Those lectures covers consolidated balance sheet and special purpose entities which are covered in an advanced accounting course and CPA exam.
[vc_row][vc_column][vc_video link=”https://youtu.be/B4Kanl1JP80″ title=”Variable Interest Entity”][vc_video link=”https://youtu.be/MEWV8BXtG60″ title=”Consolidated Balance Sheet| Elimination of Investment”][/vc_column][/vc_row]
When one firm (referred to as the parent) effectively controls the activities of another firm (the subsidiary) through the direct or indirect ownership of some or all of its voting stock or by some other means, consolidated financial statements are required.
The noncontrolling interest in a consolidated entity refers to the stock of the subsidiary firm, if any, which is not controlled by the parent. This interest appears as a component of equity in the consolidated balance sheet.
A firm may acquire stock by open market purchases or by cash tender offers to the subsidiary’s stockholders, thus avoiding the often lengthy and difficult negotiations that are required in a complete takeover. Control of the subsidiary’s operations can be accomplished with a much smaller investment, since not all of the stock need be acquired. Also, the separate legal existence of the individual affiliates provides an element of protection of the parent’s assets from attachment by creditors of the subsidiary.
In the consolidated balance sheet, the assets and liabilities of the subsidiary are combined with those of the parent on an item-by-item basis. Assets and liabilities are reflected at their fair market values, as determined at the date of acquisition, including goodwill, if any (and as subsequently depreciated, amortized, or adjusted for impairment).
Essentially all controlled corporations should be consolidated with the controlling entity. Exceptions include those situations where: the subsidiary is in legal reorganization or bankruptcy, or a foreign subsidiary operates in an environment that casts significant doubt about the parent’s effective control.
Consolidated financial statements are of limited use to noncontrolling stockholders, to subsidiary creditors, and possibly to regulatory agencies (e.g., if only the subsidiary is regulated). Also, when highly diversified companies operate across several industries, the aggregation of dissimilar data makes analysis difficult.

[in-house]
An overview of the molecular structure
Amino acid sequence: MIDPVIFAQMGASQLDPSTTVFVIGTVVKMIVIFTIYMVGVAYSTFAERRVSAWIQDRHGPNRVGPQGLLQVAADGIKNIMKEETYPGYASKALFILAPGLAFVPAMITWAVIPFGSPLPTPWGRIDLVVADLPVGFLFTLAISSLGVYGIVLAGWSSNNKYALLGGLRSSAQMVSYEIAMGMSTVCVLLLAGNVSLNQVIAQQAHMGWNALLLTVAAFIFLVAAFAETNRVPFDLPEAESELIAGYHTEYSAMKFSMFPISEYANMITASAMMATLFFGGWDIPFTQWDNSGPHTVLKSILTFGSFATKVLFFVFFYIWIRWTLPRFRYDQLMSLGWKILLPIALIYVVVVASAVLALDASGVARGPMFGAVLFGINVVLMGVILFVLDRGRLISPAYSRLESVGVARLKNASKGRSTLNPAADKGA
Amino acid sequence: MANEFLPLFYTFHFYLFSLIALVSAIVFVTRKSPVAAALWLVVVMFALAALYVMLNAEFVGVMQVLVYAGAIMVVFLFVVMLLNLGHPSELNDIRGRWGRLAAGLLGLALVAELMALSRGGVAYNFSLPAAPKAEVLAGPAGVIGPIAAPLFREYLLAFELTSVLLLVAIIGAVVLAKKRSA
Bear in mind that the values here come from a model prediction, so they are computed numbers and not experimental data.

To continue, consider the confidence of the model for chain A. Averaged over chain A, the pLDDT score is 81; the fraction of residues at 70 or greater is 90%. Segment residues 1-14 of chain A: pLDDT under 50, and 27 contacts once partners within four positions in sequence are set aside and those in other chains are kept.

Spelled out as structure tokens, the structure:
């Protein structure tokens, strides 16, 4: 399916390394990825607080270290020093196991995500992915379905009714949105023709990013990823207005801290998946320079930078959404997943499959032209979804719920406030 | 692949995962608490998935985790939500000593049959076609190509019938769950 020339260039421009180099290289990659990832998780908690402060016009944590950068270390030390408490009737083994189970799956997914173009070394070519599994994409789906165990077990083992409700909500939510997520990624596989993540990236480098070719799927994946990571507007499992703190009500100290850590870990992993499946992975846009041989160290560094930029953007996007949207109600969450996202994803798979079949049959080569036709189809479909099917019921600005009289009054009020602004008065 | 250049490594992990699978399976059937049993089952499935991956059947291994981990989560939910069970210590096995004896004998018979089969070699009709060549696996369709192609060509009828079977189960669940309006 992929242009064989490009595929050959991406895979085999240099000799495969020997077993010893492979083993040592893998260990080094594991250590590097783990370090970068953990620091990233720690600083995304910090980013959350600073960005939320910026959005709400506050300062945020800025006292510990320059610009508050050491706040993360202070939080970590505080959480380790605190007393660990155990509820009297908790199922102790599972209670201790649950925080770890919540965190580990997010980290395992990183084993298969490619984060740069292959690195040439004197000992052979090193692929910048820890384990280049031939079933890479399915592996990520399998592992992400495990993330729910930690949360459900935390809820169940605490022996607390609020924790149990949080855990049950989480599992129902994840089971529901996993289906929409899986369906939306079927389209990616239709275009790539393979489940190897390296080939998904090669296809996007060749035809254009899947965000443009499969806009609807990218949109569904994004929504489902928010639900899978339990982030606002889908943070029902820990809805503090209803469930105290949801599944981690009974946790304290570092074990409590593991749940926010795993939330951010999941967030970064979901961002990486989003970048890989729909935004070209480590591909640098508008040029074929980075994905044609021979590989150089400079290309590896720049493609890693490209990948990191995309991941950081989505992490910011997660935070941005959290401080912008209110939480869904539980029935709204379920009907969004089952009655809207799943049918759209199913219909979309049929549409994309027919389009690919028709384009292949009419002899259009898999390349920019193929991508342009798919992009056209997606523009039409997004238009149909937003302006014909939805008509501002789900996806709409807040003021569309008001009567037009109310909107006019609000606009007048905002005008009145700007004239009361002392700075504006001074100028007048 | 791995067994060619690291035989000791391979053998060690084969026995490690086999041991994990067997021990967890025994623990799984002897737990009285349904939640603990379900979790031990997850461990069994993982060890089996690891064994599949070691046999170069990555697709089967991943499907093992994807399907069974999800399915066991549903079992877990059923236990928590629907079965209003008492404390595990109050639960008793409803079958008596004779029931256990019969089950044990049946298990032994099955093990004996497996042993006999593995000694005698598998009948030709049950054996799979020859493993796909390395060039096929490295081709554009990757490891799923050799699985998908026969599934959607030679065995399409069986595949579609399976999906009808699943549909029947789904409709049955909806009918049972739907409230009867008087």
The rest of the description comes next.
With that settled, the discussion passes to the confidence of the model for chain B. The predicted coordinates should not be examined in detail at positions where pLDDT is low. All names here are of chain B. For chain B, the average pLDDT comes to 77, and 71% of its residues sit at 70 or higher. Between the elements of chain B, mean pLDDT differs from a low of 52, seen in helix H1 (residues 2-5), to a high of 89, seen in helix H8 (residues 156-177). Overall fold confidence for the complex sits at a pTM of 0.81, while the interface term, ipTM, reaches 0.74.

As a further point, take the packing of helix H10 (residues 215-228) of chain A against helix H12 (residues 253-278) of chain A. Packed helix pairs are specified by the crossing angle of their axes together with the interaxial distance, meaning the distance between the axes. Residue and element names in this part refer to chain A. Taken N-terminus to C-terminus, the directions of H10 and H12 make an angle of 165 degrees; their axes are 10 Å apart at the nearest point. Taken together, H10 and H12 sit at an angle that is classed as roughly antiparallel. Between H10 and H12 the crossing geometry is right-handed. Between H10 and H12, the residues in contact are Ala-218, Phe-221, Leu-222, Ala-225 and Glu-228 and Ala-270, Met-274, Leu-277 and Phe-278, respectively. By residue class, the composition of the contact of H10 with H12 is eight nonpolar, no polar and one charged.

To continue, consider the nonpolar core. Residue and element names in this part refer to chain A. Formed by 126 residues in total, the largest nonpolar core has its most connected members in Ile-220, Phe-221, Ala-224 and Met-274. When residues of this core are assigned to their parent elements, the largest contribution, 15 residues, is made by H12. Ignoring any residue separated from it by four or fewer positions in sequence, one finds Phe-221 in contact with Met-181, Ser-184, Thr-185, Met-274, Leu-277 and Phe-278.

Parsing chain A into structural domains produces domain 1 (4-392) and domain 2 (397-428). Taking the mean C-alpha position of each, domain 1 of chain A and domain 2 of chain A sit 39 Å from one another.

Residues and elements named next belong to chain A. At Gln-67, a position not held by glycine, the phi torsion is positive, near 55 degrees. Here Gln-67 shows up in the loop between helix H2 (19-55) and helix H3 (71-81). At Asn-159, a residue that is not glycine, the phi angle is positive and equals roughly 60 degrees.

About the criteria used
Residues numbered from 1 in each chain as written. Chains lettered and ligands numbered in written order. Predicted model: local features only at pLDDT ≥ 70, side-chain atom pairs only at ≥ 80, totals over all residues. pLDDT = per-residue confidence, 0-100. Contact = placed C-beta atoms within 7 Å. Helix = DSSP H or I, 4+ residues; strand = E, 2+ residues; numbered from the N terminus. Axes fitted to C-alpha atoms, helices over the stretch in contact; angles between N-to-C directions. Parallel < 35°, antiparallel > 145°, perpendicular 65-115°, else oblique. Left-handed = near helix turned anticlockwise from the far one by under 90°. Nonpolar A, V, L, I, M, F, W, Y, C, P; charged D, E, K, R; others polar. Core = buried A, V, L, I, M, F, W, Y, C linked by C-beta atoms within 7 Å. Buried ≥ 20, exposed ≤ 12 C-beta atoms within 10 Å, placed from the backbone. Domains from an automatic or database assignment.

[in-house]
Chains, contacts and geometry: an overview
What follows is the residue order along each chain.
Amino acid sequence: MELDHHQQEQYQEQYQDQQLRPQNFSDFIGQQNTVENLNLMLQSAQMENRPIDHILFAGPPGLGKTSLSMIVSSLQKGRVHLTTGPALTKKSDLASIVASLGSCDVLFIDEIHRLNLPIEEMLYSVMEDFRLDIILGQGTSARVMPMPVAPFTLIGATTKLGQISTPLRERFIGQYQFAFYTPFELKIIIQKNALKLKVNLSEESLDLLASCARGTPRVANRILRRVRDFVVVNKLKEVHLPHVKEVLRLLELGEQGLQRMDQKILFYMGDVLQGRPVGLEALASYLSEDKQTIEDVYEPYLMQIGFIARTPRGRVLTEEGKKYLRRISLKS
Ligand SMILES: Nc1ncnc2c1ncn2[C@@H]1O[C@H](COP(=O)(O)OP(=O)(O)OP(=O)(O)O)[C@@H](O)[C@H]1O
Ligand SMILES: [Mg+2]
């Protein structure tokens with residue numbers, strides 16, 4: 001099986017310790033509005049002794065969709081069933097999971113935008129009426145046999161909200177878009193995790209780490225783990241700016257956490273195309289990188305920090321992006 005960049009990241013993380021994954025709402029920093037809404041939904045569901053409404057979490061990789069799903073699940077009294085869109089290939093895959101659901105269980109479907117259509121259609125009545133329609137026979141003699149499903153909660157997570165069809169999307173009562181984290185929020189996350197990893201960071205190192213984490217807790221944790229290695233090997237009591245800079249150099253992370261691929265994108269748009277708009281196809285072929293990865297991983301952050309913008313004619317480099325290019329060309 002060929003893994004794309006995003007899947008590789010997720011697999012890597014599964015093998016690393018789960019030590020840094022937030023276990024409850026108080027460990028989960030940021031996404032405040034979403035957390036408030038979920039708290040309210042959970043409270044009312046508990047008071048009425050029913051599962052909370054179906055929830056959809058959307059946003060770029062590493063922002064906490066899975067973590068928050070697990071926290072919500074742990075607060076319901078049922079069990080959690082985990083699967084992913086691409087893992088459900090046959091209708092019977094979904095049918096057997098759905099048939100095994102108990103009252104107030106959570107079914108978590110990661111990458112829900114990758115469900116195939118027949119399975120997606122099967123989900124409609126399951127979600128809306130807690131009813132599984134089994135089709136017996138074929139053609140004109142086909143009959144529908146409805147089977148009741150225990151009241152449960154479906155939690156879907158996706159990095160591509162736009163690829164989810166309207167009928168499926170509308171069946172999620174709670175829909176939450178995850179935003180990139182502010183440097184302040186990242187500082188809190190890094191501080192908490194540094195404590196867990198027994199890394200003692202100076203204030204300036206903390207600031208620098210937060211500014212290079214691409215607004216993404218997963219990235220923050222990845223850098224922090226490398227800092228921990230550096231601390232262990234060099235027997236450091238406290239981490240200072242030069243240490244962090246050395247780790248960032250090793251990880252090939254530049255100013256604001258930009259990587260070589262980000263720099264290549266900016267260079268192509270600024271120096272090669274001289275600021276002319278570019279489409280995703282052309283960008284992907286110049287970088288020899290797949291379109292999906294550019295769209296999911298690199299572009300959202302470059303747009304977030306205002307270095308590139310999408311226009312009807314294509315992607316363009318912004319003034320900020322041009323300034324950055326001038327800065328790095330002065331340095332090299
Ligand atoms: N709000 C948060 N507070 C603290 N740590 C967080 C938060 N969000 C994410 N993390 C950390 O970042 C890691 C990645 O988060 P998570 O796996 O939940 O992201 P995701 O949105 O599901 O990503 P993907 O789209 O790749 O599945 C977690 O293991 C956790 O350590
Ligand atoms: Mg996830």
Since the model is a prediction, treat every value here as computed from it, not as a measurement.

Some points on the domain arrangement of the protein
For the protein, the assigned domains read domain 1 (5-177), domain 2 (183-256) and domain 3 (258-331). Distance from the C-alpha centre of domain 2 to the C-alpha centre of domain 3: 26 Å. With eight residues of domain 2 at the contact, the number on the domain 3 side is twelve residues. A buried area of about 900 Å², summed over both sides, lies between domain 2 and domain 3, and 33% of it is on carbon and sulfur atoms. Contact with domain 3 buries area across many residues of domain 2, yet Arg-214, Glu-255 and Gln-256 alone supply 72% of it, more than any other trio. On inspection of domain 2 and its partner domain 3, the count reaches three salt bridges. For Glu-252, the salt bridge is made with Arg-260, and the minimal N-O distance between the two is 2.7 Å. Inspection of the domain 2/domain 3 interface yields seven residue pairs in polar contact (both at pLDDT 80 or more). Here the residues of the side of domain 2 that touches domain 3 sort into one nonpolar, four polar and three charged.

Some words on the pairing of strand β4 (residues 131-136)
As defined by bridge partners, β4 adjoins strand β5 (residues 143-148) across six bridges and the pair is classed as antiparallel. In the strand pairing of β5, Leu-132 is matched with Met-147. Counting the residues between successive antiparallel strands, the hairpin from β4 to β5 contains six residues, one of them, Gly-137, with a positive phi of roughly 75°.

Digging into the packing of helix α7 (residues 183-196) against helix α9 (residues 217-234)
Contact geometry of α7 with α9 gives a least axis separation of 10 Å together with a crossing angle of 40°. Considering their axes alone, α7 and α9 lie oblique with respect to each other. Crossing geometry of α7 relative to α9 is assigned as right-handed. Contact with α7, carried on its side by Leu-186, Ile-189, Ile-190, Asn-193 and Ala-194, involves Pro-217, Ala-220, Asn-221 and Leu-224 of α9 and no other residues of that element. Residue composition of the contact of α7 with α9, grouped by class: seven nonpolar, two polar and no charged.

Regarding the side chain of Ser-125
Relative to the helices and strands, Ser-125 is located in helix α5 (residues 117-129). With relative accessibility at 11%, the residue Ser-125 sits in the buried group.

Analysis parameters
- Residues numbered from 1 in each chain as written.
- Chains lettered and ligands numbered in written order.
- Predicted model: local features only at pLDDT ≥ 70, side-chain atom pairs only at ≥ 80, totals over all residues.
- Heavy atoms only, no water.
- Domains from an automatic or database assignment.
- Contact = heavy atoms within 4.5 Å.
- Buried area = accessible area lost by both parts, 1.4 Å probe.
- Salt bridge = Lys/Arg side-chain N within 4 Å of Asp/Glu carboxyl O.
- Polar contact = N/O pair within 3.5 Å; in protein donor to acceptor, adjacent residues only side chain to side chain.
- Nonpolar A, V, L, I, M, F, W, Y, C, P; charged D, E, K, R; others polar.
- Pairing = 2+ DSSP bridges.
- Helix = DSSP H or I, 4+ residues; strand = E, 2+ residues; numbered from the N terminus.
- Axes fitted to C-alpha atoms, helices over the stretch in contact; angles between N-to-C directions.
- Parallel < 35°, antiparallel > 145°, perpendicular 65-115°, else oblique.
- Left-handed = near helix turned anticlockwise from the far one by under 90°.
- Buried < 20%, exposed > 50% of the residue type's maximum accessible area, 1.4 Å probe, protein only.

On the books of the parent company, the investment is recorded as a debit to Investment in Subsidiary and a credit to the appropriate account(s) based on the consideration used in the exchange (cash, debt, stock, or a combination). Any stock issued is recorded at its fair market value, and the investment is thus also recorded at the fair value of consideration paid. Direct and indirect acquisition costs, if any, are recorded (expensed) separately from the acquisition.
The consolidated workpapers serve to sum the assets and liabilities of the parent and subsidiary, with adjustments made to assets and liabilities of the subsidiary to “mark” their values to market values, based on the acquisition price implied for the entire subsidiary. These adjustments are accomplished via “eliminating and adjusting” entries, which also serve to eliminate the investment account against the subsidiary’s equity accounts, and to recognize the noncontrolling interest in equity.
The difference between implied and book values of the acquired firm’s equity is the amount by which the subsidiary’s assets and liabilities must be adjusted in total (including the recognition of good- will, if any). The use of an account by this name (difference between implied and book values) facilitates this process in the eliminating entries, and the differential account itself is eliminated.
Both U.S. GAAP and IFRS now require that all controlled SPEs (special purpose entities) be consolidated, but U.S. GAAP still recognize variable interest entities (VIEs), while IFRS do not. IFRS allow a choice in the valuation of the noncontrolling interest in equity and related goodwill, while FASB requires the implied fair valuation (as evidenced by the acquisition price) for both. IFRS require that parent and subsidiary accounting policies conform; U.S. GAAP do not. Both now require the capitalization of purchased in-process R&D.